Succession to the British throne is determined by descent, sex, legitimacy, and religion. Under common law, the Crown is inherited by a sovereign's children or by a childless sovereign's nearest collateral line. The Bill of Rights 1689 and the Act of Settlement 1701 restrict succession to the throne to the legitimate Protestant descendants of Sophia of Hanover who are in "communion with the Church of England". Spouses of Roman Catholics were disqualified from 1689 until the law was amended in 2015. Protestant descendants of those excluded for being Roman Catholics are eligible.
The English Council of State, later also known as the Protector's Privy Council, was first appointed by the Rump Parliament on 14 February 1649 after the execution of King Charles I.
The Third Protectorate Parliament sat for one session, from 27 January 1659 until 22 April 1659, with Chaloner Chute and Thomas Bampfylde as the Speakers of the House of Commons. It was a bicameral Parliament, with an Upper House having a power of veto over the Commons.
Events from the 1480s in England. This decade marks the beginning of the Tudor period.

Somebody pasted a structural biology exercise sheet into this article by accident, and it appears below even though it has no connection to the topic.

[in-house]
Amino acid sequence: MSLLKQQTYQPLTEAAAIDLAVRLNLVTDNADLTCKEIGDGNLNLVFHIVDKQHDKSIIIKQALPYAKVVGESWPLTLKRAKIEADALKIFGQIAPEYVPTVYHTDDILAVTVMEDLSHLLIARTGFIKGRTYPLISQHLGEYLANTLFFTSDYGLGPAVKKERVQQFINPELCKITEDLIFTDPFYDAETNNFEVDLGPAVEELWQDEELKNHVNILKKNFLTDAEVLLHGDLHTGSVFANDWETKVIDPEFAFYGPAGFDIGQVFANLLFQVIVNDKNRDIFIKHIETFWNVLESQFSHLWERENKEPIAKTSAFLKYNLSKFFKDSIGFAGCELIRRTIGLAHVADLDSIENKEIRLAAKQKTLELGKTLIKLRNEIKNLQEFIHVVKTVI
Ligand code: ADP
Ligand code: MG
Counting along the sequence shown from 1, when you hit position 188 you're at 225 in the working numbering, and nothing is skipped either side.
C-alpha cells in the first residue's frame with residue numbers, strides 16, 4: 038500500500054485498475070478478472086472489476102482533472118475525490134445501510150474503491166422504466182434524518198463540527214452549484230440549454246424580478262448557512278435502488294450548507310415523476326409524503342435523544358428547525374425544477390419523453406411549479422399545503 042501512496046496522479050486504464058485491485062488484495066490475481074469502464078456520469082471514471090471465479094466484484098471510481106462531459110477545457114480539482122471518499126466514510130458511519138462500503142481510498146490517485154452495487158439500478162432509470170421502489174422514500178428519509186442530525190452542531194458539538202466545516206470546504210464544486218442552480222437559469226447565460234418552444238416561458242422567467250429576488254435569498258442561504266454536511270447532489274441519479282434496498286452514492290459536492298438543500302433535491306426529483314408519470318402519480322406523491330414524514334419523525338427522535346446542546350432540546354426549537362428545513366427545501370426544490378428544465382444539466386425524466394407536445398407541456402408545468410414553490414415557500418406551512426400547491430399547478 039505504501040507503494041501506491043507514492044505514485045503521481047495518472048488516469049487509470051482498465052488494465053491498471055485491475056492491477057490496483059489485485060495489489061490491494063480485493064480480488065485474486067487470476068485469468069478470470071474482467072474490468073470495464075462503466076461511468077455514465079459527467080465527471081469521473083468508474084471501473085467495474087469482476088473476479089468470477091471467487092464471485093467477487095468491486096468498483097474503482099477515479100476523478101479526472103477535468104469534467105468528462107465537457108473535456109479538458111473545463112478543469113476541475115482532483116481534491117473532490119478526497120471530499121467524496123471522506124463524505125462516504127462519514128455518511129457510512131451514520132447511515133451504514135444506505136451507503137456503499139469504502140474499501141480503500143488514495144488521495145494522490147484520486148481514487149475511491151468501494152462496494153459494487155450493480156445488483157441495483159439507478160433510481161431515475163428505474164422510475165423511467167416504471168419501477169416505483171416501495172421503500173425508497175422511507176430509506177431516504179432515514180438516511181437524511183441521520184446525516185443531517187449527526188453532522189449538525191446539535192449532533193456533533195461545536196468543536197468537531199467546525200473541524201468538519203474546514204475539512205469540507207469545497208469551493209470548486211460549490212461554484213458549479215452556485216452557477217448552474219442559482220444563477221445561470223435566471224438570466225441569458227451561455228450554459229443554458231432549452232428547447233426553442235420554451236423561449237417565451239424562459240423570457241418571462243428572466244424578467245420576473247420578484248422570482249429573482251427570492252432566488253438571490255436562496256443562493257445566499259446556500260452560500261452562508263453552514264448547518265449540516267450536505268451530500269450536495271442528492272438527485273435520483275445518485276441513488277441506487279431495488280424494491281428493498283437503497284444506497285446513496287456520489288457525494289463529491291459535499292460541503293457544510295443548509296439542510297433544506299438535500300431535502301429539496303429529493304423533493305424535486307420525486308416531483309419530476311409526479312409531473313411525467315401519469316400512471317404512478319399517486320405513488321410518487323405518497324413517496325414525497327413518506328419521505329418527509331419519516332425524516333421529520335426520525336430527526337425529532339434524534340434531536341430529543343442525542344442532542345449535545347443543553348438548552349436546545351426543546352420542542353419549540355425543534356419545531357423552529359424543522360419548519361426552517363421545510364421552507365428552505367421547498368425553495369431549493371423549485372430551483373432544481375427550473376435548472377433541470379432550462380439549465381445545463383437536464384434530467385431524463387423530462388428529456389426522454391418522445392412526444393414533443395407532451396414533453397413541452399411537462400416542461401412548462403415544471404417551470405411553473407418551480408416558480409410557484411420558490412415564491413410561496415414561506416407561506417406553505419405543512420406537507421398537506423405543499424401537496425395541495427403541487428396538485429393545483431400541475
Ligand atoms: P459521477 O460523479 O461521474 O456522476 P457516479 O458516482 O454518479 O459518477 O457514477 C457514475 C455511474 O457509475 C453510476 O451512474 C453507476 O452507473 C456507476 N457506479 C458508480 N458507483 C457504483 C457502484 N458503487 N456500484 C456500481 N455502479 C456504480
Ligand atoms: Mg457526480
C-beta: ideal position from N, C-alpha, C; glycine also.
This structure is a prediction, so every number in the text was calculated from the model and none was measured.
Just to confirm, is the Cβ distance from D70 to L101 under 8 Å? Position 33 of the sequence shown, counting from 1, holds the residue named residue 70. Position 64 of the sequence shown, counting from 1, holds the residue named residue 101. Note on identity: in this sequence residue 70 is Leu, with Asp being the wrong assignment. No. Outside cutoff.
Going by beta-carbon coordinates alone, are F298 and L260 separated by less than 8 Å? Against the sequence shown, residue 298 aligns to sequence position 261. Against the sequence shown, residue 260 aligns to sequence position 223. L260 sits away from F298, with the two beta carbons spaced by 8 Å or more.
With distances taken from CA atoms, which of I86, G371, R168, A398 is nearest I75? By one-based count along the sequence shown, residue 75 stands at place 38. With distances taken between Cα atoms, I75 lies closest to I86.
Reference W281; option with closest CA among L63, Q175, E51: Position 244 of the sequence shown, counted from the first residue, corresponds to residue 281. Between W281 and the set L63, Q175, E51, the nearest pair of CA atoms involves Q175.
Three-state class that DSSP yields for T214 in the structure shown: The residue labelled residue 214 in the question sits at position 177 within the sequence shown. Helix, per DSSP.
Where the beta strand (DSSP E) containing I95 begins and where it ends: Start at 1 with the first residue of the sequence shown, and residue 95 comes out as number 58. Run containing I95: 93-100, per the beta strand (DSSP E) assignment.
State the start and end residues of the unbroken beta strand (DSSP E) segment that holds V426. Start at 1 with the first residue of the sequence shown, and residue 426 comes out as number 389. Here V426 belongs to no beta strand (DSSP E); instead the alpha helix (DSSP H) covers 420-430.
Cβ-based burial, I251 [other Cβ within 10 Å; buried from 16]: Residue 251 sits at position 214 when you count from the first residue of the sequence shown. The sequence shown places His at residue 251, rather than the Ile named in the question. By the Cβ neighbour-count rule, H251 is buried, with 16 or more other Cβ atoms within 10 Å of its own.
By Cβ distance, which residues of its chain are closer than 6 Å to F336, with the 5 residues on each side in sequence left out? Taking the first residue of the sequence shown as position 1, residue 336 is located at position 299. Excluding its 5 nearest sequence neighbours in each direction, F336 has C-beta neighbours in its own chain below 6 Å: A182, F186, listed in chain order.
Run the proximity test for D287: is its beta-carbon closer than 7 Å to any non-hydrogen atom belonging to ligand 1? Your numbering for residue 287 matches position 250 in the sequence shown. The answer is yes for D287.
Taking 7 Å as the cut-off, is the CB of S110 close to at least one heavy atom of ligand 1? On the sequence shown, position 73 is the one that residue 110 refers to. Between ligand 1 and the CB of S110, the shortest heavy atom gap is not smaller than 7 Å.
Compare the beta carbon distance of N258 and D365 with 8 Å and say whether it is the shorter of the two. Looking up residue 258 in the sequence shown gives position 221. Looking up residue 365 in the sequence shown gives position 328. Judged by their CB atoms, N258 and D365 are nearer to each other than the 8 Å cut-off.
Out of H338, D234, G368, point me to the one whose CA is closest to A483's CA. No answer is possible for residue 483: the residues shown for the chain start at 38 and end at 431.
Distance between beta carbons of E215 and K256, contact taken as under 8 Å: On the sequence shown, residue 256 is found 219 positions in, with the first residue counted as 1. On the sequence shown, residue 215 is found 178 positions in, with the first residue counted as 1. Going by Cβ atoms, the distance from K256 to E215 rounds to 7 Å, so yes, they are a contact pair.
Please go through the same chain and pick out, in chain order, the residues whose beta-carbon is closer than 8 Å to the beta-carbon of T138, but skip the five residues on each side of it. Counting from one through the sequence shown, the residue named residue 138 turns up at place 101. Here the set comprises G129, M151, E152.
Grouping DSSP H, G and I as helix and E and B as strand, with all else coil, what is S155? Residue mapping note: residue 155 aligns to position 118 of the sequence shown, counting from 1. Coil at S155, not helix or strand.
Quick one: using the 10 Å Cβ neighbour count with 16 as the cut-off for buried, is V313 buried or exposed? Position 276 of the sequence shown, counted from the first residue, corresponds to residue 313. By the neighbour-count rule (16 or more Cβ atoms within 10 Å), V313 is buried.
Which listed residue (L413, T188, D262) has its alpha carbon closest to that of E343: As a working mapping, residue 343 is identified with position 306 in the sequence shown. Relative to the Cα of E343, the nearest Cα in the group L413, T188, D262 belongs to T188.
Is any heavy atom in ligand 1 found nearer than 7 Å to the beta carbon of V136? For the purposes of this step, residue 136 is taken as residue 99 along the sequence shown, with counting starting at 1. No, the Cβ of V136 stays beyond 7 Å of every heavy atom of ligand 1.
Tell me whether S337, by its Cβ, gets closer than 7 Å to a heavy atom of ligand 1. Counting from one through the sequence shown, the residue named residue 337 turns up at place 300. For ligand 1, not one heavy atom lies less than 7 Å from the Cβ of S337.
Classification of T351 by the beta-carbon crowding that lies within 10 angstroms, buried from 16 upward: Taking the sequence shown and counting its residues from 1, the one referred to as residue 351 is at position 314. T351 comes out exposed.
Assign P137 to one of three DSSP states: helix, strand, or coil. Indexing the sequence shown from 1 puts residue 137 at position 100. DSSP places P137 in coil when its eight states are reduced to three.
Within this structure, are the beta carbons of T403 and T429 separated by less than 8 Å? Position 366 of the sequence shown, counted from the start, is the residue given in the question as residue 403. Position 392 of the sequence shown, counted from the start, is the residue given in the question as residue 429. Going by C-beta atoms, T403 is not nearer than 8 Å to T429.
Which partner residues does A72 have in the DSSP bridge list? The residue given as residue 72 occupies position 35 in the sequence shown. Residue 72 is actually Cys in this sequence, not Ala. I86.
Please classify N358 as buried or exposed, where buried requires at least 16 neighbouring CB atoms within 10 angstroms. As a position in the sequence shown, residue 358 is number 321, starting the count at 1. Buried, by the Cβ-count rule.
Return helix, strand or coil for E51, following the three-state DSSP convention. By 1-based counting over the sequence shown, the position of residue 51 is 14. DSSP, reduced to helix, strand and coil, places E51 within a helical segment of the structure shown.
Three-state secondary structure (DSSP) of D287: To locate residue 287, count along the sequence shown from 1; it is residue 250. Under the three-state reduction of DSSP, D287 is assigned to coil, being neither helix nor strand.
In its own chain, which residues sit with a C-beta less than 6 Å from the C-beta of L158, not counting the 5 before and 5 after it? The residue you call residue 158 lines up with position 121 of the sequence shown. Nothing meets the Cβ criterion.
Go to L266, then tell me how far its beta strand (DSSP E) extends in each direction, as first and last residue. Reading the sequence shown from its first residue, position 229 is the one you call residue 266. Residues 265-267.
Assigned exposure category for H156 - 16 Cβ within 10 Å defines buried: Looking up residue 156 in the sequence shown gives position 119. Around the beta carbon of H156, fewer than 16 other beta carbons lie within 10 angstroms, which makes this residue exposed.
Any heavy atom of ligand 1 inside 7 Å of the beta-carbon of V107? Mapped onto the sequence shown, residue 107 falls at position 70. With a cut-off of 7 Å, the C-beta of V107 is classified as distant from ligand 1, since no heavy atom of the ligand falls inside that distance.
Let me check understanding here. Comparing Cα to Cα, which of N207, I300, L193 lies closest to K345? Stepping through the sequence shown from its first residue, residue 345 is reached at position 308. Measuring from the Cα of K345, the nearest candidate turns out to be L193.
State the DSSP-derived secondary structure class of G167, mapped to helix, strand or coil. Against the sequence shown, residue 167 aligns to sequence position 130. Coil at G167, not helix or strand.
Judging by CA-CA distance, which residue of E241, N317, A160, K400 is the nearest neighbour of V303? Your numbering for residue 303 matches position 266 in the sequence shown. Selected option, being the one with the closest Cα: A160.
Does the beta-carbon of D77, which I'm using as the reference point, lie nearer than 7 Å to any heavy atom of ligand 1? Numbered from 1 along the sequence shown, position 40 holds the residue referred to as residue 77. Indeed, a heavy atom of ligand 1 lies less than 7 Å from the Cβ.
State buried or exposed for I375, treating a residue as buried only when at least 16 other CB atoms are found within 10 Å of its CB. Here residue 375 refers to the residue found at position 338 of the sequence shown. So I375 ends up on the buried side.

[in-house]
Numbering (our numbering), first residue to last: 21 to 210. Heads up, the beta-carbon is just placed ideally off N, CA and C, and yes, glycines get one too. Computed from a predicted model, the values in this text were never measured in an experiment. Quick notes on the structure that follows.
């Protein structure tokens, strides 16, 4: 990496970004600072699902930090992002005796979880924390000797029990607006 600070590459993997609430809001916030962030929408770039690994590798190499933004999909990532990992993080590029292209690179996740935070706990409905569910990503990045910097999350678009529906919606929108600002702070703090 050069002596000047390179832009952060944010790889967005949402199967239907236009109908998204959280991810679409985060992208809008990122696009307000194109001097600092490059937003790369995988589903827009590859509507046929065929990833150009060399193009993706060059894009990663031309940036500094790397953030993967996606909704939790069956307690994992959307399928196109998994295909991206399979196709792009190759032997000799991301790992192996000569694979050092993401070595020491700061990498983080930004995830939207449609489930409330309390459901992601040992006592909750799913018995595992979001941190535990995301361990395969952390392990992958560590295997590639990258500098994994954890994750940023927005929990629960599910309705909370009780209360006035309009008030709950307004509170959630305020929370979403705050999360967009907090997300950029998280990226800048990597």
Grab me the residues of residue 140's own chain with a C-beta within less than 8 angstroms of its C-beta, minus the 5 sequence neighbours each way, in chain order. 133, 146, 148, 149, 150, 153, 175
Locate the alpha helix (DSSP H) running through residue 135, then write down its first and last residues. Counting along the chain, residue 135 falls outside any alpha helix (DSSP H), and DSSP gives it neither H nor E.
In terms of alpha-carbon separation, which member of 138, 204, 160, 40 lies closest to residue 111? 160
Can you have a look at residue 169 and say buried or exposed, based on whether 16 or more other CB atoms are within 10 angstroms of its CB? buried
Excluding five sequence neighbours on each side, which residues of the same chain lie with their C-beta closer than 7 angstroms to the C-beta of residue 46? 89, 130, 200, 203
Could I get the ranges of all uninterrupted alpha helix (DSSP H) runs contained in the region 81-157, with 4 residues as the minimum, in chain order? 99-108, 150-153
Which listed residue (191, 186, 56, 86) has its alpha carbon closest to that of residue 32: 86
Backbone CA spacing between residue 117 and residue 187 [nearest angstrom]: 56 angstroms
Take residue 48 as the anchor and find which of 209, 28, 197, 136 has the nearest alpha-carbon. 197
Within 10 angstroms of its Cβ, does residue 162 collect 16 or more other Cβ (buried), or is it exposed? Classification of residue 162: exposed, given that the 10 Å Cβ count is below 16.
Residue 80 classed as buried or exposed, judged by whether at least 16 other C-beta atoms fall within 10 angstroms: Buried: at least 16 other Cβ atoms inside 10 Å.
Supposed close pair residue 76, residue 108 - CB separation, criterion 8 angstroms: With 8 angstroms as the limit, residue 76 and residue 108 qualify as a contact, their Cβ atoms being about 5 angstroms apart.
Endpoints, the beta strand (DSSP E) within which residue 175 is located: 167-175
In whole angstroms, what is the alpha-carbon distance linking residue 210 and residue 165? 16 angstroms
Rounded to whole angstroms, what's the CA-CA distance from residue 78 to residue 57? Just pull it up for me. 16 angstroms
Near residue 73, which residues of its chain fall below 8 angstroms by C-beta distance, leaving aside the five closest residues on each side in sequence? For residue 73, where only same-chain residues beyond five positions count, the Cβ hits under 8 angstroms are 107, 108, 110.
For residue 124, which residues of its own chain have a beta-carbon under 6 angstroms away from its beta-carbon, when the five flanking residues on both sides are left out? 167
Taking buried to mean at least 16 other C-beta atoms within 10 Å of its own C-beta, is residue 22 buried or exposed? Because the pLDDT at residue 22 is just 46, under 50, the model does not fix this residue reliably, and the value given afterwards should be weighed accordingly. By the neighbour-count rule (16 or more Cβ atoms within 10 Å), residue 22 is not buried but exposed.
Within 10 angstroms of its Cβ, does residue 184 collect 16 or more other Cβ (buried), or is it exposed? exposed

The Other House, established by the Lord Protector Oliver Cromwell under the terms of the Humble Petition and Advice, was one of the two chambers of the parliaments that legislated for England and Wales, Scotland and Ireland, in 1658 and 1659, the final years of the Protectorate.
The Commonwealth and Protectorate (1649-1660) refers to the kingless governments of England, Scotland, Great Britain and Ireland during the Interregnum between the actual reigns of the Stuart King Charles I (1625-1649) and his son King Charles II (1660-1685).
During the Protectorate period (1653–1659) of the Commonwealth of England, the Lord Protector reserved the power previously held by the monarch to confer knighthoods, baronetcies and peerages.
Events from the 1650s in the Kingdom of Scotland.